HIIT helps with fat loss, muscle gain, blood sugar levels, aerobic health, and athletic performance—and it makes working out even easier to fit into your schedule. Plus it keeps things more interesting, so you’re less likely to get bored while working out. Additionally, HIIT raises your resting metabolic rate and the afterburn effect means your body is still working long after you leave the gym. Best of all, it can be kept strictly to cardio (treadmill sprints) or incorporate weights or even just body-weight exercises.

Is 10,000 steps really the ideal number we should be aiming for?

Just moving is what’s most important. If you can hit 10,000 steps that’s even better, but sometimes these numbers can be discouraging for people. Adding extra movement throughout the day, regardless of how many steps you get, is the ultimate goal. Park further away, take the stairs, walk to your coworkers desk instead of emailing.

What’s a common mistake you see people making when working out? What’s the worst mistake you could make?

One common mistake I see is people who think that one or two workouts per week are all they need to accomplish their weight loss goals. Yes, diet is the major part of any weight loss strategy, but you must exercise regularly. Beyond that, make sure it’s the kind of workout that makes you break a sweat, not just coasting on the elliptical! I want you to do a workout that’s high-intensity and efficient, rather than to move moderately for an hour.  That’s why I’m such a big proponent of HIIT training.

My other rule is no more than two days off allowed. On non-exercise days, I still require my clients to move—they need to go for a walk, use the stairs instead of the elevator, or even just stretch. This helps them maintain a mind-body connection and create small moments of awareness throughout the day to keep them in tune with their bodies in order to feed them better.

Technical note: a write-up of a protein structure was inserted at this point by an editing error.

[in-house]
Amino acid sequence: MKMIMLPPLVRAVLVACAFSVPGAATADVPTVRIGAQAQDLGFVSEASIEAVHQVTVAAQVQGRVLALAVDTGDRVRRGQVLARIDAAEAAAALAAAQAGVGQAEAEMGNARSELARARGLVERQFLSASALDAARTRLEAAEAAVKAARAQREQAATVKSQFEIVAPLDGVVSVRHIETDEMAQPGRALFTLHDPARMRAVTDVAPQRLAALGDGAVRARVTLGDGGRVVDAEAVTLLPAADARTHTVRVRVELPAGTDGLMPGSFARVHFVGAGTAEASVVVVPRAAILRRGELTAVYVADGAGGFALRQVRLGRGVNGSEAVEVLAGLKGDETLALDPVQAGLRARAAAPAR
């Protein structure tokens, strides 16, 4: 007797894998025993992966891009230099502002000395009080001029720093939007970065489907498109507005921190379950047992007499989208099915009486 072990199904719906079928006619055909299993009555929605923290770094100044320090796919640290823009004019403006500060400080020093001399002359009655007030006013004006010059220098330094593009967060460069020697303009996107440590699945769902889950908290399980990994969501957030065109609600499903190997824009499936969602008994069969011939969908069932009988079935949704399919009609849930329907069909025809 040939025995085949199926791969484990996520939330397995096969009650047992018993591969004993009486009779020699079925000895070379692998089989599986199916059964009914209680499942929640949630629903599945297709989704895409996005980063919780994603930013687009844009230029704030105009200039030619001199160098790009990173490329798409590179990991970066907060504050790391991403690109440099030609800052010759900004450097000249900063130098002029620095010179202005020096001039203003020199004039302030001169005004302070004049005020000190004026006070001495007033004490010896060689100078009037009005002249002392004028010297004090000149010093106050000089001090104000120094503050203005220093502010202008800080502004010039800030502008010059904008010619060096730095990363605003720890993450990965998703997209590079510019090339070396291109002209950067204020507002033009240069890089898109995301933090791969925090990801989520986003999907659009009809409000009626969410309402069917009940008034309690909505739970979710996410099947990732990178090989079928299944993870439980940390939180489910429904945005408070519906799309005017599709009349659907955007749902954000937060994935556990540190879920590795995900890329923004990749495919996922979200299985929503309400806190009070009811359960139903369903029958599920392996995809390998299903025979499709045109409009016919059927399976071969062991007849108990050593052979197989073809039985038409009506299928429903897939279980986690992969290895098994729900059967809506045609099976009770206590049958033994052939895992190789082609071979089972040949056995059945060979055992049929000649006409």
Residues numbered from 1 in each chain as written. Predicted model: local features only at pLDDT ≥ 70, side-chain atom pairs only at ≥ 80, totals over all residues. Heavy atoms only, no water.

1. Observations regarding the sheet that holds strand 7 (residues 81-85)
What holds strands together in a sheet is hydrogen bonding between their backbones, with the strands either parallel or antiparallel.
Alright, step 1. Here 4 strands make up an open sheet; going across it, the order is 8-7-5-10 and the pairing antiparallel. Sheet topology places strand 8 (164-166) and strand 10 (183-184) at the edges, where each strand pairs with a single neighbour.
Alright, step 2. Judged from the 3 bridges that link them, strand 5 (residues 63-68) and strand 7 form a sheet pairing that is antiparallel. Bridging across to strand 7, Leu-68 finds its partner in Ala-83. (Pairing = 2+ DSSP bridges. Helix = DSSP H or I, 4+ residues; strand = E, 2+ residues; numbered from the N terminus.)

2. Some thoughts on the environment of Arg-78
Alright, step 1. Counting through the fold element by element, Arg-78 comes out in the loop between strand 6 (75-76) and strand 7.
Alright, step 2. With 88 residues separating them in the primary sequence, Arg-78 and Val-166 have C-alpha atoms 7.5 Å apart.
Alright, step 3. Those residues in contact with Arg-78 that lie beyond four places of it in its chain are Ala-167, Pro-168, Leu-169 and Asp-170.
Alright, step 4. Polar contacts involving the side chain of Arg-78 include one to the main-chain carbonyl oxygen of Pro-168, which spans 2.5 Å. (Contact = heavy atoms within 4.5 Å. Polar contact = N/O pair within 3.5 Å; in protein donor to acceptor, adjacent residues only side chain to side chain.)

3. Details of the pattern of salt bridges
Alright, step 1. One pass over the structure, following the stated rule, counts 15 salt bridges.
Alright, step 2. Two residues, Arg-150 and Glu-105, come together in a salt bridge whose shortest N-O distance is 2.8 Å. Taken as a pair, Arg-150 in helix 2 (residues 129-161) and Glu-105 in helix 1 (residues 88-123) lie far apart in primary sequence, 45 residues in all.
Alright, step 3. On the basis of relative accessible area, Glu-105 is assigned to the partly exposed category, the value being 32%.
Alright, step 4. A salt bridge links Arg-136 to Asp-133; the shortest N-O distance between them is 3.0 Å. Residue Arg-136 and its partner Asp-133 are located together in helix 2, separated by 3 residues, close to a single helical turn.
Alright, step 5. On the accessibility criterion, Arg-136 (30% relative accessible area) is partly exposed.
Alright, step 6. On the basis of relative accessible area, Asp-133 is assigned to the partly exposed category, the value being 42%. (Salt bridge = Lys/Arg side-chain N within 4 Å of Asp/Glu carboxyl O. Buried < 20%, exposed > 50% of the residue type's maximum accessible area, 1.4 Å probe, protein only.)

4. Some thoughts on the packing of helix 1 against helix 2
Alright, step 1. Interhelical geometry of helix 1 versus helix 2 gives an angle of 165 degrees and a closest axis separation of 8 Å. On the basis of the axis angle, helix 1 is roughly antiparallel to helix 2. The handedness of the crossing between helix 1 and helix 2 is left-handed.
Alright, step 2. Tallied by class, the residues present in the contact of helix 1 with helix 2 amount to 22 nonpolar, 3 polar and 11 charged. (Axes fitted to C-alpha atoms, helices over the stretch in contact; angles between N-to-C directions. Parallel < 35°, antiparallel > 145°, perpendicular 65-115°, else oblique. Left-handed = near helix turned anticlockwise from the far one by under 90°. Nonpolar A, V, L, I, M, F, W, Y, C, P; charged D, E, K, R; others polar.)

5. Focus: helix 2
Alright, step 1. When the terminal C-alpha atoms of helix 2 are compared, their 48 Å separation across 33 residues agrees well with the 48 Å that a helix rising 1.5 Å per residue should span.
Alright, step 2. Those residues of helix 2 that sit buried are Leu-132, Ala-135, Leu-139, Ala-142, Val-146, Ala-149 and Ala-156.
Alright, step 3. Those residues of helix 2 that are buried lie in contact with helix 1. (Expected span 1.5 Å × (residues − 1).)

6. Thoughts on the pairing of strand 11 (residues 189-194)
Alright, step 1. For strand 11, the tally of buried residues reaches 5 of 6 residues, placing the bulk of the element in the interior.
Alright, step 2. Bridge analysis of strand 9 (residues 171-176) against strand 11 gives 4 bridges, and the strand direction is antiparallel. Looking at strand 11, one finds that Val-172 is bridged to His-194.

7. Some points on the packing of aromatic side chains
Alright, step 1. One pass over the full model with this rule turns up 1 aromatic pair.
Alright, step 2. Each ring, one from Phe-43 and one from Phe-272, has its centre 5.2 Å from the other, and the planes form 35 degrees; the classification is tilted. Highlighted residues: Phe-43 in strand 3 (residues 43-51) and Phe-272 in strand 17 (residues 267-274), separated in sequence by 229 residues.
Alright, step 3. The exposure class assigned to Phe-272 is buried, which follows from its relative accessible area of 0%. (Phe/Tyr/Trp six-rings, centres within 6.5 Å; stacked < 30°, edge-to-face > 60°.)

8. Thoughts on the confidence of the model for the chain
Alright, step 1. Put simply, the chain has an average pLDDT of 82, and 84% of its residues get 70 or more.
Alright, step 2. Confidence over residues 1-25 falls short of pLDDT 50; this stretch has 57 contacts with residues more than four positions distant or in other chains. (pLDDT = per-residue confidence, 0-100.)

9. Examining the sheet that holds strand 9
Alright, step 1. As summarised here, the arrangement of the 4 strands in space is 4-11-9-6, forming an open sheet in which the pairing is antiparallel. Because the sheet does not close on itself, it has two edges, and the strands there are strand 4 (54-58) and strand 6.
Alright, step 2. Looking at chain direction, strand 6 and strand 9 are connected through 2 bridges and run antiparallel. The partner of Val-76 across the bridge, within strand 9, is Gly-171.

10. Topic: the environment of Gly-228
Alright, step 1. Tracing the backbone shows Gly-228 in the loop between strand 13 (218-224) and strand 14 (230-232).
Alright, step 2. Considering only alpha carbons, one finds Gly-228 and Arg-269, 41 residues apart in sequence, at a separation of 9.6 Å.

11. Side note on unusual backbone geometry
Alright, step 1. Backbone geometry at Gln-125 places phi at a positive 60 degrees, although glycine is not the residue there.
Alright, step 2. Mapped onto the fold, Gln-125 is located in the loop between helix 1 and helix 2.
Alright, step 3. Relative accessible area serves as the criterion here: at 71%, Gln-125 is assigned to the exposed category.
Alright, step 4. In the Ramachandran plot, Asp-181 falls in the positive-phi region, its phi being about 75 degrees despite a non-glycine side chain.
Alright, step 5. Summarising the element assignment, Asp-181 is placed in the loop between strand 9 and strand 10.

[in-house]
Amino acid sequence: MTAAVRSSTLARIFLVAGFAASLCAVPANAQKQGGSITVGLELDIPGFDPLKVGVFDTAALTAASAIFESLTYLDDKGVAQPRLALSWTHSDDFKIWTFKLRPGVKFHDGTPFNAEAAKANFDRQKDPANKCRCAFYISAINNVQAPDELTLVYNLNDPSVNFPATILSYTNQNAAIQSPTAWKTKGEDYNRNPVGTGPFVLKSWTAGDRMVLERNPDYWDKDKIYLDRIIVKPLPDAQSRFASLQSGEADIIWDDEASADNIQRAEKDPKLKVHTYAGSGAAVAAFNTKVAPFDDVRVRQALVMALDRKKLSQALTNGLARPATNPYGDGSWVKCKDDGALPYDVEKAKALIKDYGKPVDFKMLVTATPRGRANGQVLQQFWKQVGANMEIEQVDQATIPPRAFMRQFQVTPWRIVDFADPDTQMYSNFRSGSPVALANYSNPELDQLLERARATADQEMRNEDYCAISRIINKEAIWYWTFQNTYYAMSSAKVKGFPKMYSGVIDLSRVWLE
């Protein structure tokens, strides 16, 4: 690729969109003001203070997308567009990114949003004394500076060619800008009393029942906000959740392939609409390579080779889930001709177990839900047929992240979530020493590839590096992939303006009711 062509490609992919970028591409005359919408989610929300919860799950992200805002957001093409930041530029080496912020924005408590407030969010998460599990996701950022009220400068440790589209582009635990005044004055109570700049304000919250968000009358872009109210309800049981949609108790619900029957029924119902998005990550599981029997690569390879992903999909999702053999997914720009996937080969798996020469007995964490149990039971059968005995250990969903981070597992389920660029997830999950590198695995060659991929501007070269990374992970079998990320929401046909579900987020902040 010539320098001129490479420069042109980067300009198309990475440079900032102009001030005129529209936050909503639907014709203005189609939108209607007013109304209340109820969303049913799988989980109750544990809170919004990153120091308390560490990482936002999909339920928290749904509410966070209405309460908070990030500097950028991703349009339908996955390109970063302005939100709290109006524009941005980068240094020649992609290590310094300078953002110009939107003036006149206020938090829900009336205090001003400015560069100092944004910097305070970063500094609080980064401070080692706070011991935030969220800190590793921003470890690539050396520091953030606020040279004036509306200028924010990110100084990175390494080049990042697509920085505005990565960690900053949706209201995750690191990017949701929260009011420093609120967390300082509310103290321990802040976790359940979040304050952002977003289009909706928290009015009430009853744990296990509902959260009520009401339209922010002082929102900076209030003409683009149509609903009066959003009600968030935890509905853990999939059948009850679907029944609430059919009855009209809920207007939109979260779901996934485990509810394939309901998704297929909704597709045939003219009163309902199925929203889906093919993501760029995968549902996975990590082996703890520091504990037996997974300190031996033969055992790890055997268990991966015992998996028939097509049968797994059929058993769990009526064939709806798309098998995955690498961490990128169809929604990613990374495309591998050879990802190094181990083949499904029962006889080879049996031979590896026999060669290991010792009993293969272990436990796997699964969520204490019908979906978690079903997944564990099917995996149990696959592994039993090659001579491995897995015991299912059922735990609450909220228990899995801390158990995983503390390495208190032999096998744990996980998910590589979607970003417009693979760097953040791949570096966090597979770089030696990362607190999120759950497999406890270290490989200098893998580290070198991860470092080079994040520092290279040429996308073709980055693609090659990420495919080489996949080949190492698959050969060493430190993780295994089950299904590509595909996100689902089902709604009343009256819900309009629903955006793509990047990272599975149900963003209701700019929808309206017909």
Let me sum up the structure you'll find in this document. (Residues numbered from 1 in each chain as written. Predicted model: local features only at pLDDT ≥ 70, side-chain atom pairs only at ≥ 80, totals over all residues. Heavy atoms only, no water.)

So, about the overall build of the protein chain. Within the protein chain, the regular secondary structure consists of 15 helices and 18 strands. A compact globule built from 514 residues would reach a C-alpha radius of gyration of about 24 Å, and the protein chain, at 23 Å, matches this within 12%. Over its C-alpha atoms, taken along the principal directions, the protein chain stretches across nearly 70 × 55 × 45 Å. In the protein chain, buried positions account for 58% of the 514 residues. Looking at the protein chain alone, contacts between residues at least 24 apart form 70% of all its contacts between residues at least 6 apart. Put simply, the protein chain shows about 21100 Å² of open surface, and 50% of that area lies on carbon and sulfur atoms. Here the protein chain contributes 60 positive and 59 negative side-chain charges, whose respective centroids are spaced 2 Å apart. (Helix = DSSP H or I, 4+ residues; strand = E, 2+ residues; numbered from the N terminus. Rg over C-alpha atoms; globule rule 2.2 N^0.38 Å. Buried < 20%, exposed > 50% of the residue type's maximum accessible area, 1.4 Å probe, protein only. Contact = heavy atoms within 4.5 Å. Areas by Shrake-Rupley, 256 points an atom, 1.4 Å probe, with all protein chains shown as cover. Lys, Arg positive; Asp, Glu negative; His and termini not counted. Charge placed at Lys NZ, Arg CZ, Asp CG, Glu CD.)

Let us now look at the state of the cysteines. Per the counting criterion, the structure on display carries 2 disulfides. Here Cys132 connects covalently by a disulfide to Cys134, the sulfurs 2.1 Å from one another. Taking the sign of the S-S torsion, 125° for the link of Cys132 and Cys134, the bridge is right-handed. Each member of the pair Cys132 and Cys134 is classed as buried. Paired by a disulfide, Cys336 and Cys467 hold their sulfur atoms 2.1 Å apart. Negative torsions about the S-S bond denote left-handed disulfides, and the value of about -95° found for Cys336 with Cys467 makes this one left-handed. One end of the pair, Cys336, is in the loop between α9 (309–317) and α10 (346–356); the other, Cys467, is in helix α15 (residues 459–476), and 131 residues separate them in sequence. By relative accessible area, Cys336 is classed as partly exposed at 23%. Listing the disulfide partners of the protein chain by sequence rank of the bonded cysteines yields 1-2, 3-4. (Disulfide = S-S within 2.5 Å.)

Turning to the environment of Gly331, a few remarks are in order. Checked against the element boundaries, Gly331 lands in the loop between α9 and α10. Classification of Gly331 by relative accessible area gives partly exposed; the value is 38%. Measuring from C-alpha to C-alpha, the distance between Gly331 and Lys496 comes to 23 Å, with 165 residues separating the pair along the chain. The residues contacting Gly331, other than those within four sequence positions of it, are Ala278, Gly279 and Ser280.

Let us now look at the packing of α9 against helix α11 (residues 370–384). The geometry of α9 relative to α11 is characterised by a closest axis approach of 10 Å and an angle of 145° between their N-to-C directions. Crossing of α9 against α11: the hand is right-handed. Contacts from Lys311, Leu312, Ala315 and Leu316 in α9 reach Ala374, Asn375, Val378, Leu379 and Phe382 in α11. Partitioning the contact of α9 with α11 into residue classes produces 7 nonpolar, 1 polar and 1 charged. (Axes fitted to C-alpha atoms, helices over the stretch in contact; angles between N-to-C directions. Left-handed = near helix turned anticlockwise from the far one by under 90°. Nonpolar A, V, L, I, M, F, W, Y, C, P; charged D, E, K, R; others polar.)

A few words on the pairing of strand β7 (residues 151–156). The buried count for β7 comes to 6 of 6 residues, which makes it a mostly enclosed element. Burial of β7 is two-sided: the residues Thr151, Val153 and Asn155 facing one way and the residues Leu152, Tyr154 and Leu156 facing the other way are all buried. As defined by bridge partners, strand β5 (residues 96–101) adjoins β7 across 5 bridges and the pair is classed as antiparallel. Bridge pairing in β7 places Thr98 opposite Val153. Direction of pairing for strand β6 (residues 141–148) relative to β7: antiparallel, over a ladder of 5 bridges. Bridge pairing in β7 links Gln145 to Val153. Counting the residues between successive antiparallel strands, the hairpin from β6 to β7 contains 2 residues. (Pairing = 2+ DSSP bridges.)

But I really cringe when I see people working out so hard but then eating or drinking some nonsense food, like a smoothie made with frozen yogurt, right after they leave the gym. Don’t ruin your workout when you just killed it in the gym!

What are some of your favorite workouts?

A few years ago while writing my first book, I discovered a boutique gym called the Fhitting Room in New York City. The gym specializes in HIIT workouts and had me instantly hooked, especially once I started seeing such quick results. I love the trainers and their workouts so much, I even incorporated a few into my book, The Diet Detox. The book includes 10 Fhitting Room workouts you can easily integrate into your exercise routine. Some require equipment, some don’t. Some are more difficult, and some are shorter. All of them incorporate my beloved HIIT method, and they’re all guaranteed to make you sweat!

How many days a week should you really work out?

Around 3 days a week is a nice average for my clients. I recommend no more than two days off in a row between workouts, so if you get to the gym on Monday, then you can’t skip Thursday’s workout. I still want everyone moving each day, though!

How important is it to have a rest day? What should you do on a rest day?

While it’s smart to give certain muscles a break from repetitive workouts, I like rest days for the most important muscle, your brain. Taking a break from the gym is important for your mind and for the gym to be less of a punishment and more of a pleasurable experience.